William D King: Knowing Your Rights

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The National Partnership for Women & Families has compiled the following information to assist pregnant employees. As women, we, fortunately, have many opportunities open to us these days. However, there are some things that can work against us during pregnancy, including employment. If you are pregnant, here are some tips on how to navigate your workplace issues wisely and successfully.

Job Rights during Pregnancy

You Have the Right Not to Be Fired or Treated Unfairly Because You Are Pregnant –

Federal law prohibits discrimination based on pregnancy when it comes to any aspect of employment, including hiring, firing, pay, job assignments and promotions. Employers cannot single out pregnant employees for special procedures to determine whether they can do their jobs (for example pre-employment physicals or a pregnancy test), cannot refuse to hire you because of your pregnancy and cannot treat you differently than other employees who are similar in their ability or inability to work.

You Have the Right to Work as Long as You Are Able to –

Federal law requires employers to treat pregnant workers the same as other employees who are “similar in their ability or inability to work.” Employers must therefore give pregnant employees the opportunity to do jobs that they are able to perform, although they may have some restrictions due to their pregnancy.

You Have the Right Not To Be Forced On Leave If You Are Still Able To Work –

An employer cannot force you go on maternity leave before you deliver if you can still do job.

Employers with More Than 15 Employees –

As per William D King if you work for an employer with more than 15 employees and your physi­cian has placed you on bed rest because of a high risk pregnancy, your employer may be required under federal law to provide maternity disability leave (FMLA) for this period. You must have worked for them for at least one year and have worked at least 1,250 hours during that year.

Your Rights If You Work For a Smaller Employer – Ask About Other Pregnancy-Related Leaves

Federal law does not require smaller employers to offer maternity disability leave. However, some states do require these employers to provide pregnant employees with pregnancy-related absences with the same rights they provide employees on other types of temporary disabilities or family sick leave.

Maternity Disability Leave Requirements by State…

How to Protect Your Rights as an Employee

Here are some suggestions on how to protect yourself against discrimination during pregnancy: Keep Good Notes – Keep accurate records of all incidents where discrimination based on your pregnancy occurs. Keep a record of the date, time, and location for each discriminatory action. Include any witnesses in these records as well.

Know Your Rights –

Learn about your legal rights concerning pregnancy discrimination at work by checking out this site or calling the National Partnership for Women & Families. Talk to your supervisor or human resources department when you have concerns about pregnancy discrimination and ask what policies are in place at your workplace to protect pregnant employees.

Make Sure Your Employer Has Written Policies –

If you think that your employer may be discriminating against you based on your pregnancy, the first thing that you should do is request a copy of the written policy that prohibits discrimination. If there is no written policy, ask to see an internal memo or email sent out to company employees explaining your rights as a pregnant worker. These documents will be important in making sure you understand what laws apply at your workplace and how your employer’s policies may affect your job status during and after your pregnancy.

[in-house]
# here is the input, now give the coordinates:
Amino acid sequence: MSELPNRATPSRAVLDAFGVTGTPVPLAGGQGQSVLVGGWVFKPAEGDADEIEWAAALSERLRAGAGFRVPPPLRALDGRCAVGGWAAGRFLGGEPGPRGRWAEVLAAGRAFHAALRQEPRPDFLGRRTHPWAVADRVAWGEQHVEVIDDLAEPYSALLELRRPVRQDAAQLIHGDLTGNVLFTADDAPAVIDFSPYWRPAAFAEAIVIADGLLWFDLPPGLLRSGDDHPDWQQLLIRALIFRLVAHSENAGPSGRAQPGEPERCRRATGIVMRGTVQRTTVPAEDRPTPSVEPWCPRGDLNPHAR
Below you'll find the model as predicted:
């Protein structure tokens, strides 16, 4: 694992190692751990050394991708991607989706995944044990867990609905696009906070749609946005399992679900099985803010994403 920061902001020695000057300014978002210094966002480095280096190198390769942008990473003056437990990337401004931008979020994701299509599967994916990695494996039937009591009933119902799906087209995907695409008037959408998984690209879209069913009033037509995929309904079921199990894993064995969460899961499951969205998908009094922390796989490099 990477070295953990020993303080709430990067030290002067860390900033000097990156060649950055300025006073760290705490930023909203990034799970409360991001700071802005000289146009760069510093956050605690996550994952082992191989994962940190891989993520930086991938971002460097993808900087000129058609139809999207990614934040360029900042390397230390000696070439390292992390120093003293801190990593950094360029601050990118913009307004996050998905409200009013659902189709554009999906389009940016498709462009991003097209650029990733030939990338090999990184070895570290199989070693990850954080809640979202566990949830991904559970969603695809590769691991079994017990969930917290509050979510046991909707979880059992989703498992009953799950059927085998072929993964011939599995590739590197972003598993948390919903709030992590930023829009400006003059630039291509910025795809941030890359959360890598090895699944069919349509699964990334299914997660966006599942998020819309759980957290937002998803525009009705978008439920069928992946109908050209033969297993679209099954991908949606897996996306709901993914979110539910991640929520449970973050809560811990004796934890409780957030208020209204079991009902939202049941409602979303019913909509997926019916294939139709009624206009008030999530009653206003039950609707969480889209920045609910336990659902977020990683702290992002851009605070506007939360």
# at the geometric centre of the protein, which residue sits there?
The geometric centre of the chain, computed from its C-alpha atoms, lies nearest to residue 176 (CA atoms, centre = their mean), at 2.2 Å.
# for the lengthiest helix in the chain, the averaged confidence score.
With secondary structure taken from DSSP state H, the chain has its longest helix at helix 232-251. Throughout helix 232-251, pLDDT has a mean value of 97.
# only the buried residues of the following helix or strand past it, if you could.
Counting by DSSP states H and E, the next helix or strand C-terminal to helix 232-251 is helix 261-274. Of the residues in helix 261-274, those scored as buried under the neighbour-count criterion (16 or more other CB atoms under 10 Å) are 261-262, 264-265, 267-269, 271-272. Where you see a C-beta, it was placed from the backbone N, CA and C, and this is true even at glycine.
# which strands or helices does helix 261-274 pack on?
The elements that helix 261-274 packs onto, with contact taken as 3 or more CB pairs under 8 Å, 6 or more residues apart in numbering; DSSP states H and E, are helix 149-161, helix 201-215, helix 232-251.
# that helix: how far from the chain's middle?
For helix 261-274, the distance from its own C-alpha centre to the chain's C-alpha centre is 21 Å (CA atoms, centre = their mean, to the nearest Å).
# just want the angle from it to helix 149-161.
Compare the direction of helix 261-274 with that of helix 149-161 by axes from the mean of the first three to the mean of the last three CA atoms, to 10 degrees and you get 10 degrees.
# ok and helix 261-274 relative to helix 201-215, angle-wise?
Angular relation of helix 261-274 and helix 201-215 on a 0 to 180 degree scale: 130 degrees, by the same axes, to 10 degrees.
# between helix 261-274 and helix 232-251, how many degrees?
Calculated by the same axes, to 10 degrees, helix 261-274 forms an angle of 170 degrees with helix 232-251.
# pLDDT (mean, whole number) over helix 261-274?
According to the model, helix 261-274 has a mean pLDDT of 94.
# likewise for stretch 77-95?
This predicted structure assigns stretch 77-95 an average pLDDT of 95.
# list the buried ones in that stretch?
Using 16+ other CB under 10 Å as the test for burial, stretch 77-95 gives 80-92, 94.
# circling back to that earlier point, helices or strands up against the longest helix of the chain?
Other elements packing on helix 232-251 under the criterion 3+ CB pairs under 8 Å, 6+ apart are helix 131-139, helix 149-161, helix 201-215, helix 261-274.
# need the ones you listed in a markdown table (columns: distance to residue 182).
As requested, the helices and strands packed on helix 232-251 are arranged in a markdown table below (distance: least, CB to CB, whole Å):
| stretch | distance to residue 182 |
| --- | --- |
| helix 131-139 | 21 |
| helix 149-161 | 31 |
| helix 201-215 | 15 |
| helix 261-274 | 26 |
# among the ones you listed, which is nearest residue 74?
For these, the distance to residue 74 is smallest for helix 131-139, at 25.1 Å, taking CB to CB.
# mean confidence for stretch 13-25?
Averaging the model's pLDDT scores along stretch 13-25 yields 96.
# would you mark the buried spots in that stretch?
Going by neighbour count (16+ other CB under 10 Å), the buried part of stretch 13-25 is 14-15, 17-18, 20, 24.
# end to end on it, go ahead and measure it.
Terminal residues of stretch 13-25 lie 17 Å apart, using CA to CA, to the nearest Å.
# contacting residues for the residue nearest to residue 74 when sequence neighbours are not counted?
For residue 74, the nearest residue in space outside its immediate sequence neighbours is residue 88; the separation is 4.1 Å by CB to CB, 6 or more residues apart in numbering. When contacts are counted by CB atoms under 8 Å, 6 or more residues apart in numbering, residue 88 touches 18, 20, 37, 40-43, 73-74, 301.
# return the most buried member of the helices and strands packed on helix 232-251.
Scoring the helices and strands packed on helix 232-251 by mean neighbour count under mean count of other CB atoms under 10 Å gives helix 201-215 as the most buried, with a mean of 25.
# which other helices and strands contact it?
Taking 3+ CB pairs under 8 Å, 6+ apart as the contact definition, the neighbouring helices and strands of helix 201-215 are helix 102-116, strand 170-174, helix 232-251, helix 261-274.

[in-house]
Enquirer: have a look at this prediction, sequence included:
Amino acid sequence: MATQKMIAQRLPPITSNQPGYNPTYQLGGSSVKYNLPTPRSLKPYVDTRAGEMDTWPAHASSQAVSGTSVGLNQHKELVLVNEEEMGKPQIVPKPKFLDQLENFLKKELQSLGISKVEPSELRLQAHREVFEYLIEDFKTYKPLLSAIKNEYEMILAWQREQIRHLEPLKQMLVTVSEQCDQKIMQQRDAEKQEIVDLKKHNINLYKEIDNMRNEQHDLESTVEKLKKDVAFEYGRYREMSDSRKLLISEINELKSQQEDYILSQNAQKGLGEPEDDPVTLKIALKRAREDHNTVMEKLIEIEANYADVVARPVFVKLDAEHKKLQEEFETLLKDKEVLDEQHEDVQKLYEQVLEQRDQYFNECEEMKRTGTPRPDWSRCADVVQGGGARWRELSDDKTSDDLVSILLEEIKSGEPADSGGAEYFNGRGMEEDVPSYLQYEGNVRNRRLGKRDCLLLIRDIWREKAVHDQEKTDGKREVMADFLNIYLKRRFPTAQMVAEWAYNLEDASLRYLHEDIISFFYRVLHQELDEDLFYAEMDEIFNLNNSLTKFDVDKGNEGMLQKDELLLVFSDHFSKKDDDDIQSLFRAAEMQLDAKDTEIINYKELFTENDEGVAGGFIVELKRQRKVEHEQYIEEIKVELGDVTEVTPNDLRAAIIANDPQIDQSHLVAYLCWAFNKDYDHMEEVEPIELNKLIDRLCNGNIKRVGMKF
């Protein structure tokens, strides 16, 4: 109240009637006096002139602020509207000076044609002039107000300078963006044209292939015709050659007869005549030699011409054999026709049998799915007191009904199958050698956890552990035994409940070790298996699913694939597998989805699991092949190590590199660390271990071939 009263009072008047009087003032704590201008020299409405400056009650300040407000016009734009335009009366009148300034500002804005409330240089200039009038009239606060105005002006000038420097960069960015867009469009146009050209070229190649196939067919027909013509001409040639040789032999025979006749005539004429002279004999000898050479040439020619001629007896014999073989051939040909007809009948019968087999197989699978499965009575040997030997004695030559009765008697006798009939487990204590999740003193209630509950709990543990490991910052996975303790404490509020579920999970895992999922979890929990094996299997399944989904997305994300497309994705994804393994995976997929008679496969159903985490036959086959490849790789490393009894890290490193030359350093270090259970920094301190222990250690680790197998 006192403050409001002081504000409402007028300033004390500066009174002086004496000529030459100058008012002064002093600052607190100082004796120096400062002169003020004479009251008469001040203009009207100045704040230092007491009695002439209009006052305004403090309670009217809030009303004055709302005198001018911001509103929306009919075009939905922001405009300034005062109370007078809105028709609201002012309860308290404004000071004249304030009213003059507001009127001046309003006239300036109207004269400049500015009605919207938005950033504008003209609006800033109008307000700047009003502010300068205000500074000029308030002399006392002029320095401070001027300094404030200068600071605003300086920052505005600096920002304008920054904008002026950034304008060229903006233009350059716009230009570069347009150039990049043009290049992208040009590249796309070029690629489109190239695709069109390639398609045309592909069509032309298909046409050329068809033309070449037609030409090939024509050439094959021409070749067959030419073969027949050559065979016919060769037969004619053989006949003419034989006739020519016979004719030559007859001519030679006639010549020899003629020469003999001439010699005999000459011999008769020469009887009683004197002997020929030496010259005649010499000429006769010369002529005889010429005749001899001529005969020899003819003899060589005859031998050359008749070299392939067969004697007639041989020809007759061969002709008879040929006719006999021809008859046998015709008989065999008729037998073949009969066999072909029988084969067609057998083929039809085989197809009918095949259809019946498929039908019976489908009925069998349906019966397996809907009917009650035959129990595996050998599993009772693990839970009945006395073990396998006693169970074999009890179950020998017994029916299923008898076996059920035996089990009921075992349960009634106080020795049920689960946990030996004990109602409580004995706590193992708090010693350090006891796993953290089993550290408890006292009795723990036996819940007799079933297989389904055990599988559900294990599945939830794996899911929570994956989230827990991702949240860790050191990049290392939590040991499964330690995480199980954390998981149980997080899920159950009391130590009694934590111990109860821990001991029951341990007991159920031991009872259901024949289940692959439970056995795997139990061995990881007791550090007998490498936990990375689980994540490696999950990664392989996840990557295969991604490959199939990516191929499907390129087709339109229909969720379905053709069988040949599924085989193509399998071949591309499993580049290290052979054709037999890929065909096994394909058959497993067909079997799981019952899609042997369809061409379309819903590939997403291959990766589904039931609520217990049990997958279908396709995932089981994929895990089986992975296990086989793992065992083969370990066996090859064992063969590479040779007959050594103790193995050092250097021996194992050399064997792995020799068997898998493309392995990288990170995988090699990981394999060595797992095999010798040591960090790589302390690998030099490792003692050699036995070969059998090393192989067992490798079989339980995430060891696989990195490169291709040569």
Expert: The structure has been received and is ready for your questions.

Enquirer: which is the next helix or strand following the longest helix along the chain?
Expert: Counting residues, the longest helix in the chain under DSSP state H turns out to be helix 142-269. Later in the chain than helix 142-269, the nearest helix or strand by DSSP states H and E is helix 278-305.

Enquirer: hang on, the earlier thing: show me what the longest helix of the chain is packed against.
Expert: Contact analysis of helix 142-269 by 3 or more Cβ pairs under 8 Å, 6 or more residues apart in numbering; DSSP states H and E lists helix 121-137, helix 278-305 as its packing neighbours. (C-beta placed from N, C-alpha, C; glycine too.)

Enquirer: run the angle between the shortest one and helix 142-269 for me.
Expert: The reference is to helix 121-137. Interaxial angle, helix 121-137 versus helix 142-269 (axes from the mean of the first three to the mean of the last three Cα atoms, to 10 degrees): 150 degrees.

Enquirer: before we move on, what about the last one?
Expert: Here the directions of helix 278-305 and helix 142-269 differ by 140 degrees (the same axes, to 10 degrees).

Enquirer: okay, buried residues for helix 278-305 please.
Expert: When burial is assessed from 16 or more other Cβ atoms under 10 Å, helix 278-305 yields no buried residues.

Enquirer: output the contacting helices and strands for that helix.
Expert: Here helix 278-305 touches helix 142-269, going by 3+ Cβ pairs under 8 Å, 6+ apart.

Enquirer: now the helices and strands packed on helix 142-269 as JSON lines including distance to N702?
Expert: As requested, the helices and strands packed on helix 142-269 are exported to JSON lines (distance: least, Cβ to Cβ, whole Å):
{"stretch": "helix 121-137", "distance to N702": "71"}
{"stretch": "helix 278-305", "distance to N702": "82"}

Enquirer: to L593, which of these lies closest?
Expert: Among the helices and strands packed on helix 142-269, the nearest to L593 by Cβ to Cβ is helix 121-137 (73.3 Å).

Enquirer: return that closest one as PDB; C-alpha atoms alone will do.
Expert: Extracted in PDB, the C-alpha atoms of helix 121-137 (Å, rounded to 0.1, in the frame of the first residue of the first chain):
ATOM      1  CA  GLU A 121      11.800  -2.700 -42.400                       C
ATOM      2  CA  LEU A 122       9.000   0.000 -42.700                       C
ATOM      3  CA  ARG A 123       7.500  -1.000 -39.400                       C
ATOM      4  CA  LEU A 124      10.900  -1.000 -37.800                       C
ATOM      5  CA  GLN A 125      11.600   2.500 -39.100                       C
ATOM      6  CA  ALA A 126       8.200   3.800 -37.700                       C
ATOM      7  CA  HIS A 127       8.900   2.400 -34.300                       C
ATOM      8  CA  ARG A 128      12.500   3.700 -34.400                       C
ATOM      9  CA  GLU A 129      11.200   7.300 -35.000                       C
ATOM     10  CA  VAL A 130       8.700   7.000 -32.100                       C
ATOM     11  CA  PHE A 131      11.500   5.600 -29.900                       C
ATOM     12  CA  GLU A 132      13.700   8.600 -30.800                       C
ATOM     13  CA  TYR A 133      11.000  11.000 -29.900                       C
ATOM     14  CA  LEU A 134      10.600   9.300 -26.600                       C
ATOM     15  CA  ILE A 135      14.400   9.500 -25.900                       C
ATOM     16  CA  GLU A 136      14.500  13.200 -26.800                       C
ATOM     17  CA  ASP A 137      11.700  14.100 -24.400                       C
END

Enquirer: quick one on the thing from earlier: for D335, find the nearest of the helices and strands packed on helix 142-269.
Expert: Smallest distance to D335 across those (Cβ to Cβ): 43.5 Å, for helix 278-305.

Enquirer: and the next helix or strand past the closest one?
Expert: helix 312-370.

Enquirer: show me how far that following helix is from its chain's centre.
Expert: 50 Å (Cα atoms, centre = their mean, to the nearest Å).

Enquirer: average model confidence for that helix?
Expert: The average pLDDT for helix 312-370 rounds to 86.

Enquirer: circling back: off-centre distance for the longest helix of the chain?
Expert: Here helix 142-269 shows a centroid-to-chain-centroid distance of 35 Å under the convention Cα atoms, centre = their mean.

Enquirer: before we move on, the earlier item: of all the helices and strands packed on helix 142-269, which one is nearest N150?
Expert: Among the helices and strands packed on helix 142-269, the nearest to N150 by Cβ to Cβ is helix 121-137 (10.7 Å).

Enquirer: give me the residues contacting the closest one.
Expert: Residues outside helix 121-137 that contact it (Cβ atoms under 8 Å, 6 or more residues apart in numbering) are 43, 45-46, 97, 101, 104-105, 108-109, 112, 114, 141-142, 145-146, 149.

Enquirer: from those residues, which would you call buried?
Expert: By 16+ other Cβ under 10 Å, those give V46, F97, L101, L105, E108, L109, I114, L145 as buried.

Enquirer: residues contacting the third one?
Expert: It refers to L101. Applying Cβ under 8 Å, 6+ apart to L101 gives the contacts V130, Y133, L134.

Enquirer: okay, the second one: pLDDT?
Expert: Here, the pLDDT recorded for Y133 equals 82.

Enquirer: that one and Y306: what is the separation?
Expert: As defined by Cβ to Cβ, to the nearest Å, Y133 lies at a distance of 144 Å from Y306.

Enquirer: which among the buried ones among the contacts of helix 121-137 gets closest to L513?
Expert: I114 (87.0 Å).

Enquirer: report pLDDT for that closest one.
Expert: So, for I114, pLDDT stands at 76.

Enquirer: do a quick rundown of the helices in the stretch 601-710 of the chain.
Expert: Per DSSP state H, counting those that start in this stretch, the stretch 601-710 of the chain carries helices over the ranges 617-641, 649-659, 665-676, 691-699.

Get Help from Coworkers –

As a group, you have more power to deal with discriminatory situations than if you try to handle them on your own.

Make Sure You Get Legal Help –

If you feel that discrimination has occurred, consider consulting a lawyer who can help you take the appropriate actions at work and also understand what legal options exist for filing a claim against an employer or former employer for discrimination because of pregnancy or childbirth.

Discrimination Law-

Separation Act to safeguard pregnant ladies in the work environment. The law made it illicit for managers to consider pregnancy in choices about recruiting, terminating and advancement. Today it offers pregnant ladies similar facilities and insurances as their associates with different sorts of medical problems or handicaps – individuals who are “comparable in their capacity or powerlessness to work.”

Definition-

Despite the fact that many organizations in the United States have put forth a coordinated attempt to show up more inviting to ladies, some are as yet captivating in separation. It doesn’t make any difference where a lady works-she could work at a general store or work on Wall Street-getting pregnant might be the second in her vocation in which bosses never again view her in a serious way.

Pregnancy segregation begins from the second she initially begins to show and frequently go on while her youngsters are youthful. One explanation a few bosses are so merciless with pregnant and new moms is their misconception that these ladies are some way or another less dedicated to their positions.

Conclusion:

Employers should be aware that the Americans with Disabilities Act of 1990 (ADA) requires reasonable accommodations to be provided to pregnant workers, including those on maternity leave. Employers who fail to provide equal treatment and opportunities based upon pregnancy-related conditions may be exposed to legal liability under a variety of state and federal laws prohibiting discrimination on account of a person’s sex or disability says says William D King.

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